17 May 2022

'Stop bringing Irish language motions', says DUP councillor

The Bann councillor accused Sinn Féin of 'mob rule' over a proposal to change language policy.

'Stop bringing Irish language motions', says DUP councillor

A DUP councillor prompted a heated exchange in the virtual chamber after accusing Sinn Féin of trying to impose 'mob rule' over proposed changes to the Council's Irish language policy.

Cllr Adrian McQuillan, Chair of Causeway Coast and Glens Environmental Services Committee, made the remark in response to a defeated motion at the last committee meeting.

The motion had called on Council to adapt their policy so a 15% threshold of positive responses was required instead of the current two thirds figure.

Cllr McQuillan said Sinn Féin were aware the motion had a 'snowball's chance in hell' of passing the committee, and accused them of bringing it to 'annoy and upset' people.

“This was brought just to upset the council and create an argument. Sinn Féin need to learn that these notices of motion aren't going to be passed, they're going to have to stop,” he said.

“This has been an ongoing fact through the last two years. To think that two members of a street could impose their will on the rest of the street goes back to where you would have mob rule.

“I don't think motions like this here should be brought before the Council in future.”

Benbradagh councillor Kathleen McGurk, who brought the original motion, said it was brought in response to requests from constituents, and proposed the Council re-vote on the issue.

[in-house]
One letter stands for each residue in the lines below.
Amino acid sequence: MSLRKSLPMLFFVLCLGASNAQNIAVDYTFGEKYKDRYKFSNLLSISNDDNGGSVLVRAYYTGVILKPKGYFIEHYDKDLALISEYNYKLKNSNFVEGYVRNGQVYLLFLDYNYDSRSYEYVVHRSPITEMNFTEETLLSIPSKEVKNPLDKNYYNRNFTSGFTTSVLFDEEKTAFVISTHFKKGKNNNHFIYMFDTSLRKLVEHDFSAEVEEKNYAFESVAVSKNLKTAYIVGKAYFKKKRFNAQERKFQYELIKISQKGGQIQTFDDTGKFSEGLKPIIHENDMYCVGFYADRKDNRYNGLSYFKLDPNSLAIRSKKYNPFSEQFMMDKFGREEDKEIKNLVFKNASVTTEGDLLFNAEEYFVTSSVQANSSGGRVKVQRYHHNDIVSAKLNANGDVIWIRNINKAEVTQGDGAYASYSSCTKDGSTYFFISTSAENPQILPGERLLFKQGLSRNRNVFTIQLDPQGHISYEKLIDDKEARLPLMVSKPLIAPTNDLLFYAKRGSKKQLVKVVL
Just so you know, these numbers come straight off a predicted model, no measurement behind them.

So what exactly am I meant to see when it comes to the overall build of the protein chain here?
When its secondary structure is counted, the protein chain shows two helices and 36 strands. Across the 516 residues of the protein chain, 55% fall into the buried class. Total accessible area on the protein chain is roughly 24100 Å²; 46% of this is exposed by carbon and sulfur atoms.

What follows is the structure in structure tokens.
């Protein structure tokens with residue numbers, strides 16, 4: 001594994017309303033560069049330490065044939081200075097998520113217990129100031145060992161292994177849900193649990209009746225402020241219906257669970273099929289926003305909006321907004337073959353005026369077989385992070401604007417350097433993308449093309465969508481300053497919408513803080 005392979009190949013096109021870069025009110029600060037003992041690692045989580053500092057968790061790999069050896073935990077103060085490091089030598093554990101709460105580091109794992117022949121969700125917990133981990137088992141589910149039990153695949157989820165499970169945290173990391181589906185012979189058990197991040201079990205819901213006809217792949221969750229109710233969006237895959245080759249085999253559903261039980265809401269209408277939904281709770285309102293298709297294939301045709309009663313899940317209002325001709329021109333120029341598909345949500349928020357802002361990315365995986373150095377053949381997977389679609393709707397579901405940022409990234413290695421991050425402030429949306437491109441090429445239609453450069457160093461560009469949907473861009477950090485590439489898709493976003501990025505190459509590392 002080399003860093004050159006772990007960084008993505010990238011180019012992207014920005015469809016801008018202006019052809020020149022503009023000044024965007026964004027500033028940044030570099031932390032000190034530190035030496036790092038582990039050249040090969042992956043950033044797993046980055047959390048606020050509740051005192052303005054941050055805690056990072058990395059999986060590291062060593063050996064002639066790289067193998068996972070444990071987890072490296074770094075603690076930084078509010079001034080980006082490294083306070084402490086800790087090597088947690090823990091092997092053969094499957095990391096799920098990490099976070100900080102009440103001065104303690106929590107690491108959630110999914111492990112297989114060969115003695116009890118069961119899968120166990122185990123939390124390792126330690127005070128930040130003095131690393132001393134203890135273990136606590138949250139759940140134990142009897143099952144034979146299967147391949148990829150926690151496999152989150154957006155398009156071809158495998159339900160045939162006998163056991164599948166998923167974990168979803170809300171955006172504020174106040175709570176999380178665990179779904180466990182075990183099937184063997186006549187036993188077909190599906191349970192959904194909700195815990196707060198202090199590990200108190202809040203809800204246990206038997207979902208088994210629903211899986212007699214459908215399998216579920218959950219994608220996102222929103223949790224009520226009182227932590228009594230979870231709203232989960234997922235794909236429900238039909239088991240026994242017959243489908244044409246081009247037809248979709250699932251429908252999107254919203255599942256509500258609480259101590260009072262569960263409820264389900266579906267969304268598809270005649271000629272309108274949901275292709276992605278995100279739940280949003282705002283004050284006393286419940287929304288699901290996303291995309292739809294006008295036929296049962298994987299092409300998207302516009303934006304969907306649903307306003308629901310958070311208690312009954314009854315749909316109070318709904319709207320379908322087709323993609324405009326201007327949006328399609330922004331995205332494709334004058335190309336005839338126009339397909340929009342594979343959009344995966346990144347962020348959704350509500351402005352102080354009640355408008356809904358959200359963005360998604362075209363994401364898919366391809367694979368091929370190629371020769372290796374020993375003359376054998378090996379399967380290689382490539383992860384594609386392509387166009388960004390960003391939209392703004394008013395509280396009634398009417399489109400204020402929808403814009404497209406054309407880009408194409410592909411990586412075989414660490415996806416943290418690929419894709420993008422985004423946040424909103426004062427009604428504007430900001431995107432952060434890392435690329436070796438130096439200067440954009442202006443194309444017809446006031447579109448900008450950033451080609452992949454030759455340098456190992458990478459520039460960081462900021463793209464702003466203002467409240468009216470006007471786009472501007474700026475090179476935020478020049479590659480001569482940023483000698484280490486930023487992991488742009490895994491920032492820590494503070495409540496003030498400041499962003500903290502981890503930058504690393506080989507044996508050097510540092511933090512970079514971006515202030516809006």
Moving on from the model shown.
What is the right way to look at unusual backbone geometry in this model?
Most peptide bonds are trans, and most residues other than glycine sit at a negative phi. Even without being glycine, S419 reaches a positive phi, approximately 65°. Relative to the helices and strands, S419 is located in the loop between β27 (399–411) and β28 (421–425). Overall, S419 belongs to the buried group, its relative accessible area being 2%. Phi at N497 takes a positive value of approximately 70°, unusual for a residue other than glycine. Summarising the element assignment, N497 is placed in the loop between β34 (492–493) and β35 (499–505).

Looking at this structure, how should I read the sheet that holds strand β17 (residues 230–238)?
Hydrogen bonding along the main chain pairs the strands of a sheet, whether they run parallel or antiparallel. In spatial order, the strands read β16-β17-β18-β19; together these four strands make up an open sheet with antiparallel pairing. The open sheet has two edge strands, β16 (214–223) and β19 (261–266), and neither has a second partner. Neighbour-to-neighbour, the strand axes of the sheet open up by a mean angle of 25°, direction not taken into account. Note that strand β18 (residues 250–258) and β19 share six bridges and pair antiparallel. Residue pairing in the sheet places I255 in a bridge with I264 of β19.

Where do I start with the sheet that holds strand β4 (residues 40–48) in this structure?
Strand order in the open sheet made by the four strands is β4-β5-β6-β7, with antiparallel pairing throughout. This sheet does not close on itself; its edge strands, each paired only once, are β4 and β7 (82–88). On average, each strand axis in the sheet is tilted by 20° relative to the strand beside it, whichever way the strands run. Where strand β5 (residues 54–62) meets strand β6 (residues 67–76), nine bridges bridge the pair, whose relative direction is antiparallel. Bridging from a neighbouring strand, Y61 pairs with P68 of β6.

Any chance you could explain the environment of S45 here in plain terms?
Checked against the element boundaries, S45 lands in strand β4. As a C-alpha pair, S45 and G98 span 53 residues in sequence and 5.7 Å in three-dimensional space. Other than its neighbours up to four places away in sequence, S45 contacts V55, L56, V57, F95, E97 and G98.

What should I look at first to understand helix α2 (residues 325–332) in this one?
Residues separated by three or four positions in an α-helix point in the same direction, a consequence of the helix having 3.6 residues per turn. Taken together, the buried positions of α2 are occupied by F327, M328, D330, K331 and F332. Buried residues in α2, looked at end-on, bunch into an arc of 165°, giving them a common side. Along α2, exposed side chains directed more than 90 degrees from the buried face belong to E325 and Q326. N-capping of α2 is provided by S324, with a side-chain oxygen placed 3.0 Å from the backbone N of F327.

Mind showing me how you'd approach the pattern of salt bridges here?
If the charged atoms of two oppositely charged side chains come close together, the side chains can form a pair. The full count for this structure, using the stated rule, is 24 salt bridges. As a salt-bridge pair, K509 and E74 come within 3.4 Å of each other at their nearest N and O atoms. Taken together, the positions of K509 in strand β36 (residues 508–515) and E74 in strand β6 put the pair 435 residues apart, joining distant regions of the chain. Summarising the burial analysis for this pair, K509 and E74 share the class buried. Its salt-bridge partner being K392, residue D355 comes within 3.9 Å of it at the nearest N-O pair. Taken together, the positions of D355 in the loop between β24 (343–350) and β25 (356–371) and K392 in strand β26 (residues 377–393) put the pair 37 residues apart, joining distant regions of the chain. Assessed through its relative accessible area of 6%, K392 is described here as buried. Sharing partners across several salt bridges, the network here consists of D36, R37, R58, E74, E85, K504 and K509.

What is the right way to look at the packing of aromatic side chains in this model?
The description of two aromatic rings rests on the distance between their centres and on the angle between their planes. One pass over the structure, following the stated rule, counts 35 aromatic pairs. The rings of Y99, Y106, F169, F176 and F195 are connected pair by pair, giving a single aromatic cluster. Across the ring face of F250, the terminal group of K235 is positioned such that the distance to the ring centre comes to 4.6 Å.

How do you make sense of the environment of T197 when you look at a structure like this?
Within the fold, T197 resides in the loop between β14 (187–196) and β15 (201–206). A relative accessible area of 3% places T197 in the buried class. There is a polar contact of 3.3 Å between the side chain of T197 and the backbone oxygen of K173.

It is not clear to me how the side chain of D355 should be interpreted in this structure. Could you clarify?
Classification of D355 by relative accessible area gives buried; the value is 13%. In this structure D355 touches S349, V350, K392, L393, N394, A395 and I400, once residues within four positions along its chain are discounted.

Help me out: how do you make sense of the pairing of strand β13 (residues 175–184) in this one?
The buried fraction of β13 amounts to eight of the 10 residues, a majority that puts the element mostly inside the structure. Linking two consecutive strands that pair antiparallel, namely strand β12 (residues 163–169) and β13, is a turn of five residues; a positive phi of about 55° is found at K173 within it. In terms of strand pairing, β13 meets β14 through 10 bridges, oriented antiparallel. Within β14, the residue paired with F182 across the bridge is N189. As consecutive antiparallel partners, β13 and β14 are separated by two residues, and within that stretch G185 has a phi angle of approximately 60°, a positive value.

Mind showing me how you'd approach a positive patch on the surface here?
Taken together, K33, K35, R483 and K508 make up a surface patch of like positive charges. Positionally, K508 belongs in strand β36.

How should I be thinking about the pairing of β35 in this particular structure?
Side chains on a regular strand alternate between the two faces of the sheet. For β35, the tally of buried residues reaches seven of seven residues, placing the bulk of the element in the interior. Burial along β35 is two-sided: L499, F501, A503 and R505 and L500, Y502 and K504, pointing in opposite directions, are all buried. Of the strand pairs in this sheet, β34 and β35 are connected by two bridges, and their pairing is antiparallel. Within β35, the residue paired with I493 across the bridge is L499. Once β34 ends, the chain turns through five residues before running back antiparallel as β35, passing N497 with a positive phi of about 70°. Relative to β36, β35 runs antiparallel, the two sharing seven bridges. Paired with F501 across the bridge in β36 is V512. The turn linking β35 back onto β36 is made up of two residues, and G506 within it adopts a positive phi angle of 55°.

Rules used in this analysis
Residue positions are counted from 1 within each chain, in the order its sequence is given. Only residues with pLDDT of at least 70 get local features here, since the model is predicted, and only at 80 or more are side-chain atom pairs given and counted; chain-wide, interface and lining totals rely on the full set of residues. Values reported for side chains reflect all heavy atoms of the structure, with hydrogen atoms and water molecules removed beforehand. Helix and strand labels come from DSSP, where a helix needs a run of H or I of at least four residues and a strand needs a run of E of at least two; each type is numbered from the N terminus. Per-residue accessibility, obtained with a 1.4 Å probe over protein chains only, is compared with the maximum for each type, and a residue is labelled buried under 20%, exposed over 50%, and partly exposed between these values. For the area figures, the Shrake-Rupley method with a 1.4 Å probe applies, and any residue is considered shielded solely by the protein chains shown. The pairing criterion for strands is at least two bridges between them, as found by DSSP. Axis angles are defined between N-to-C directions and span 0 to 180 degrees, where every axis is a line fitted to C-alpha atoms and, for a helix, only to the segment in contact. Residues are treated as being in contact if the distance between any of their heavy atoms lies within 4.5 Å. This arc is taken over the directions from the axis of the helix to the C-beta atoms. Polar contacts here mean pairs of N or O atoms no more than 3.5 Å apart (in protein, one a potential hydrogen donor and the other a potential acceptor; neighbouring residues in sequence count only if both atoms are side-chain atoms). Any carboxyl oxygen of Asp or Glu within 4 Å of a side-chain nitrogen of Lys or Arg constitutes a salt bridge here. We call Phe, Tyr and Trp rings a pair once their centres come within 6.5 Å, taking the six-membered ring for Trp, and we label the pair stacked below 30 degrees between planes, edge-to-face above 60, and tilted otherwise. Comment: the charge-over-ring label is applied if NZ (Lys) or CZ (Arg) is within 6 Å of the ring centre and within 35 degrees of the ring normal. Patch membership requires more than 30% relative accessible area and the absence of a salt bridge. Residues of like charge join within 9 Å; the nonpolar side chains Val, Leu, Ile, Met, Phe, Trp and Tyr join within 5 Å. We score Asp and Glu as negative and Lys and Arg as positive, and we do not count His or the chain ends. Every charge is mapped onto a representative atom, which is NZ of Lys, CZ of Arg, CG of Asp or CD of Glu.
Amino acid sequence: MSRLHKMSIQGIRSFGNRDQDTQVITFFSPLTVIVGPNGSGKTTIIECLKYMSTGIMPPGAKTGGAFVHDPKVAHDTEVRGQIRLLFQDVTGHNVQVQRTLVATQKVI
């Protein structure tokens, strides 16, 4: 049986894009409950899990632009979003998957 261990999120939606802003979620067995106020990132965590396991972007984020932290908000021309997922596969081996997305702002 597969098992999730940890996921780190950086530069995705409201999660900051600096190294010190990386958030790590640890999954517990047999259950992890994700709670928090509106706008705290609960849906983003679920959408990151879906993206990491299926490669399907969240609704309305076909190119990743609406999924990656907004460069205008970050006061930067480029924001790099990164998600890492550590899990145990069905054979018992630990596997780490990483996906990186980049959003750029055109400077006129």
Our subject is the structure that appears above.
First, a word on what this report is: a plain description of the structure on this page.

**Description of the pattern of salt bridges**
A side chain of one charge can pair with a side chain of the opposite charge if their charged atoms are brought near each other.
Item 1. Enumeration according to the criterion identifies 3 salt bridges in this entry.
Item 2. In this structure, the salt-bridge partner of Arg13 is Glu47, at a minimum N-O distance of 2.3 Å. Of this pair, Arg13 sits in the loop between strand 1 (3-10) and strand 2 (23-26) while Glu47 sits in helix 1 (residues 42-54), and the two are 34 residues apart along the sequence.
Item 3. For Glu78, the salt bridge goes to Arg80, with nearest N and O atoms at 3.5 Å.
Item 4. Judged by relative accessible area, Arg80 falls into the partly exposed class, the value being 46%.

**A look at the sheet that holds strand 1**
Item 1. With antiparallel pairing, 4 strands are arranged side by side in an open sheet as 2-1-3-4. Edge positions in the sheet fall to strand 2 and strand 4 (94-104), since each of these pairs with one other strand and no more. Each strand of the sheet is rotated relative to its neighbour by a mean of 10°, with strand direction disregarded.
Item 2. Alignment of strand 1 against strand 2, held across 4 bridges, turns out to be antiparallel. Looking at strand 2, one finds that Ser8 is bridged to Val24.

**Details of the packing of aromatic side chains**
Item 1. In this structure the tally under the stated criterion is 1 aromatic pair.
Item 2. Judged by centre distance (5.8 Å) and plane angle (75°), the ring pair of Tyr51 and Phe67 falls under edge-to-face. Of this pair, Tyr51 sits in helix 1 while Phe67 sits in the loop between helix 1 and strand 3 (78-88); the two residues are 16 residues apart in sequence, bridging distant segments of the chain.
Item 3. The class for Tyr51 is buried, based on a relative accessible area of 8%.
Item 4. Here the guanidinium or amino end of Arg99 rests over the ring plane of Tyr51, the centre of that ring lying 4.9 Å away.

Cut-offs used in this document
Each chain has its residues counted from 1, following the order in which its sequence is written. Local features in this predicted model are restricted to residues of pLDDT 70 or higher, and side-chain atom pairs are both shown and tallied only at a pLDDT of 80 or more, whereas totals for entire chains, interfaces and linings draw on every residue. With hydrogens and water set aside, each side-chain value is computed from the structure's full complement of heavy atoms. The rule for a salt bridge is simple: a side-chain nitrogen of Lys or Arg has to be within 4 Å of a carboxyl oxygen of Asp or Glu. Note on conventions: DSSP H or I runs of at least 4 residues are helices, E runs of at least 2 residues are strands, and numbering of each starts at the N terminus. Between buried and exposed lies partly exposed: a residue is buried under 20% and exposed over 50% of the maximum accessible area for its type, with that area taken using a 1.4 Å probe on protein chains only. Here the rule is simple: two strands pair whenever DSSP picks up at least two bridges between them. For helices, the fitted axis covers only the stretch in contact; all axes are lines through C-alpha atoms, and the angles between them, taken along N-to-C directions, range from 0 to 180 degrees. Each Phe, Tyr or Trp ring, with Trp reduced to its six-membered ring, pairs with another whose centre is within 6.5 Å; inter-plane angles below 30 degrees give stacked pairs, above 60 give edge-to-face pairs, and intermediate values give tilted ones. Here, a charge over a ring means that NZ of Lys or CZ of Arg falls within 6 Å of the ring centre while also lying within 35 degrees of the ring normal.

Gaelcholáiste Dhoire, the only NI Irish Medium School outside Belfast, is in the Council area.

“We brought forward evidence this motion would bring us into line with charters the British government have already signed up to,” she said.

“Yet we have to sit and listen to someone say we don't have the right to bring a motion before Council. Are we to go back to the days where we just sit in the corner and pretend our culture doesn't matter?”

Cllr William McCandless said it was 'regrettable' the motion had come before Council, quoting 2011 Census figures to claim less than 0.2% of the NI population used Irish as their home language.

The Coleraine councillor said the motion had been brought to cause division and was an attempt to impose the language on others 'in the guise of street signage'.

Limavady councillor Brenda Chivers told the meeting there were five Irish medium schools between Limavady and Dungiven.

“Those aren't there because of Sinn Féin. They are there for the love of the language and the culture. They have every right to come to us and ask to put in a motion on street signs,” she said.

“Everybody has an equal say in street signage on their street and nobody is going to put up a sign just to annoy their neighbours.”

Cllr John Finlay raised concerns around the percentage guide, and said 'the 15% should not be allowed to dictate to the 85%'.

Cllr McGurk's amendment, that the council reconsider the motion and vote on it again, was defeated by 22 votes to 16.

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